The Therapeutic Poet: It’s Time To “RAK It Up!” (Random Act of Kindness)

June 5, 2011

It’s time to “RAK it up!”

No, I’m not talking about readying the billiard balls for a game of eight ball. Yes, I am talking about adding to the brownie points needed to enter the pearly gates.

If you want, you can fit it into any realm of spirituality that is comfortable for you or even the realm of humanity. You can look in disgust and run from the title’s innate “corniness,” but you must admit, when you do a RAK, a random act of kindness, it warms your soul and just makes you feel good! That’s what I get out of a good RAK.

RAK is the satisfaction of sharing a bright moment with someone; the opportunity to make someone smile, help someone, or even make the people around you chuckle. RAK is not anticipated, nor is it something you do because you’ve been asked. It comes up spontaneously, by way of the heart. RAK can be just giving up the seat to the person who’s corns hurt a little more than yours, just allowing the anxious commuter to go on ahead of you, or saying “Hello,” “Thank you,” or “Have a good day” to the bus driver, token booth clerk, or newspaper vendor. It doesn’t take any more oxygen than we normally consume; but “dang” (like that word?), it sure shifts that “just another day” paradigm.

Take for instance, a few weeks ago; I was shopping up and down 125th Street. Anyone who knows me knows that this poet considers shopping, anywhere, a walk through Dante’s Inferno. (Yes, there’s a poem there….) I suffer from what I have titled: “sensory overload.” When I am on a really crowded street or in a crowded store, I get overwhelmed like a toddler losing their parent in rush hour. When I am in the throws of a “sensory overload,” I am ready to run and hide. I feel like throwing on some medieval armor and getting a long jousting stick to walk through the street. (To anyone who struggles with a hint of what I am sharing, you know what I mean.) I quickly decided that to make it through that day, I will have to slow down, flip my frustrated frown to a smile, and appreciated the world around me. Soon I found myself focusing outward, instead of inward: I smiled at a person who looked like they were walking in my shoes, greeted the vendors, chuckled at the tourists with their deer-in-headlights expressions, as they are shuttled in their fish-bowl-like-bus, and complimented a sister or two sauntering down the street with a nice hair style or outfit. I then rewarded myself with a visit to Café Latté for a turkey burger and start a few lines of a poem (I’ll share it when it is completed).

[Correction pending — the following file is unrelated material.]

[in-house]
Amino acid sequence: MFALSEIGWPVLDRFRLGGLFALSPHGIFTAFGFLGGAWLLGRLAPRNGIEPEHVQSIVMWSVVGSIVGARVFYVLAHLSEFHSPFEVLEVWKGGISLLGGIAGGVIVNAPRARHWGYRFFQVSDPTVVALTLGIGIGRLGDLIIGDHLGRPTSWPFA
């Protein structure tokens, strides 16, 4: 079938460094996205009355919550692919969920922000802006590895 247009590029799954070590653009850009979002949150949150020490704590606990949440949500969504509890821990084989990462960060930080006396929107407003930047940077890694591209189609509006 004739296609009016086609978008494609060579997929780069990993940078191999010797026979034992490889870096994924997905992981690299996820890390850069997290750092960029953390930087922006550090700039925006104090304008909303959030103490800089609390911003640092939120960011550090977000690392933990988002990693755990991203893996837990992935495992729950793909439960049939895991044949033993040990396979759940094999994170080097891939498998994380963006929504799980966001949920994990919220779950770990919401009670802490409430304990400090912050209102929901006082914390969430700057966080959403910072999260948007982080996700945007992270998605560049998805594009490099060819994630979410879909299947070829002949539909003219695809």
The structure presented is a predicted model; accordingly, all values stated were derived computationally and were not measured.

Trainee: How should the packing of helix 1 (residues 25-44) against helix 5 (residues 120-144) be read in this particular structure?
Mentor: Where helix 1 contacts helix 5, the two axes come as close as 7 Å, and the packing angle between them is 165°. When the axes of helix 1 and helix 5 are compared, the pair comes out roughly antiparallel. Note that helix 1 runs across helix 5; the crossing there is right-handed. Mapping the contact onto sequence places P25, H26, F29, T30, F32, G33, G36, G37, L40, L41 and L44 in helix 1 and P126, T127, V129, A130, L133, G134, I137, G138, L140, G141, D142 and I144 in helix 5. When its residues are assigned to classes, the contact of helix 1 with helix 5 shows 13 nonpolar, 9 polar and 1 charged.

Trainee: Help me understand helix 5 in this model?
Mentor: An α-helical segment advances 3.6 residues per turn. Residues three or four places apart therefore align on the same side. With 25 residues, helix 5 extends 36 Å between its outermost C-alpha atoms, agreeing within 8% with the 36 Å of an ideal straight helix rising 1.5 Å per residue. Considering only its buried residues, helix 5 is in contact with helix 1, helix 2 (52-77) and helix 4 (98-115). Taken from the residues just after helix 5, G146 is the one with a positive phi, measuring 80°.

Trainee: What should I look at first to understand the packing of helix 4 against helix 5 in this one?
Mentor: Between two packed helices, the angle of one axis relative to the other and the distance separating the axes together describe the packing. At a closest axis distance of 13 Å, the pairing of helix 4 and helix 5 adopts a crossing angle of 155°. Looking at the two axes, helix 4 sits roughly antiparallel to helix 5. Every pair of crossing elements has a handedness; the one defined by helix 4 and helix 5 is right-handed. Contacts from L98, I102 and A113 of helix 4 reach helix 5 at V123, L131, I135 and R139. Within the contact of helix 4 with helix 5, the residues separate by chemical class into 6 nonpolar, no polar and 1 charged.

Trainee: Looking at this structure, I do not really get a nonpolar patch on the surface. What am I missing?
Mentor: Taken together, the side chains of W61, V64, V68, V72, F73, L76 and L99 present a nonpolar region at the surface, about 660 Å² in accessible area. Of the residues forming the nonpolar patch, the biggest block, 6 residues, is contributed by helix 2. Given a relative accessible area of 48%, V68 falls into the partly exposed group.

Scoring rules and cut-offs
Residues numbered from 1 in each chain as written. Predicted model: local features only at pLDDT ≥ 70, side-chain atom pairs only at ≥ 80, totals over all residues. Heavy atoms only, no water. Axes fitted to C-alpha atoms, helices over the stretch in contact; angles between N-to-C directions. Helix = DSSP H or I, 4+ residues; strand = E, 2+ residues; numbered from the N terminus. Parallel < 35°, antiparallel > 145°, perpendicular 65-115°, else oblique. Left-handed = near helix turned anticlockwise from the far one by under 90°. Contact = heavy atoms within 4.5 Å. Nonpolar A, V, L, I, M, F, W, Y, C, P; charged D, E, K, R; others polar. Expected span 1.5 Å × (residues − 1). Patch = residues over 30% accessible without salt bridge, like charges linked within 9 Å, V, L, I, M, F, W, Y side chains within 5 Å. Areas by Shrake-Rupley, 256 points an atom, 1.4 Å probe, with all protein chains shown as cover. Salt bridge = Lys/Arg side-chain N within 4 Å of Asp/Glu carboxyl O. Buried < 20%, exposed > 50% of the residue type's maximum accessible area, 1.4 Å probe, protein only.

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By the time I was ready to go home, I realized that the day wasn’t so bad and shopping isn’t so painful. I concluded it was because I RAK’ed it up that day, did some random acts of kindness, just gave it away. With shopping bags in hand, I headed home feeling that I came, I shopped, and I conquered. I realize that we are all in this together, whether it is dealing with the recession, the rigors of everyday, or shopping on 125th Street. Just a little bit of RAK goes a long way.

World Concert

Our lives are in concert with others; compatibly at times,

Not so well other times, but invariably, with others.

We don’t always acknowledge our togetherness, but moved to, we quickly sense the comforts of a shared symphony.

People belong to sections of the orchestra;

each the master of and instrument;

yet the concert belongs to more than just our “section” –

our neighborhoods, families, circles of friends… or us.

The symphony is greater; the harmonies, complex,

with a conductor who vigilantly keeps tempo.

This concert encourages us to appreciate

the music we make with others.

The whole of creation depends on

the contribution of each part for its completion;

interdependently, never singly and alone,

We Exist!

We are one with one another –

the concert


“I may not feel our oneness today, but I trust it is so.”

“You may not feel our oneness, but I trust you will.”

By Lora René Tucker

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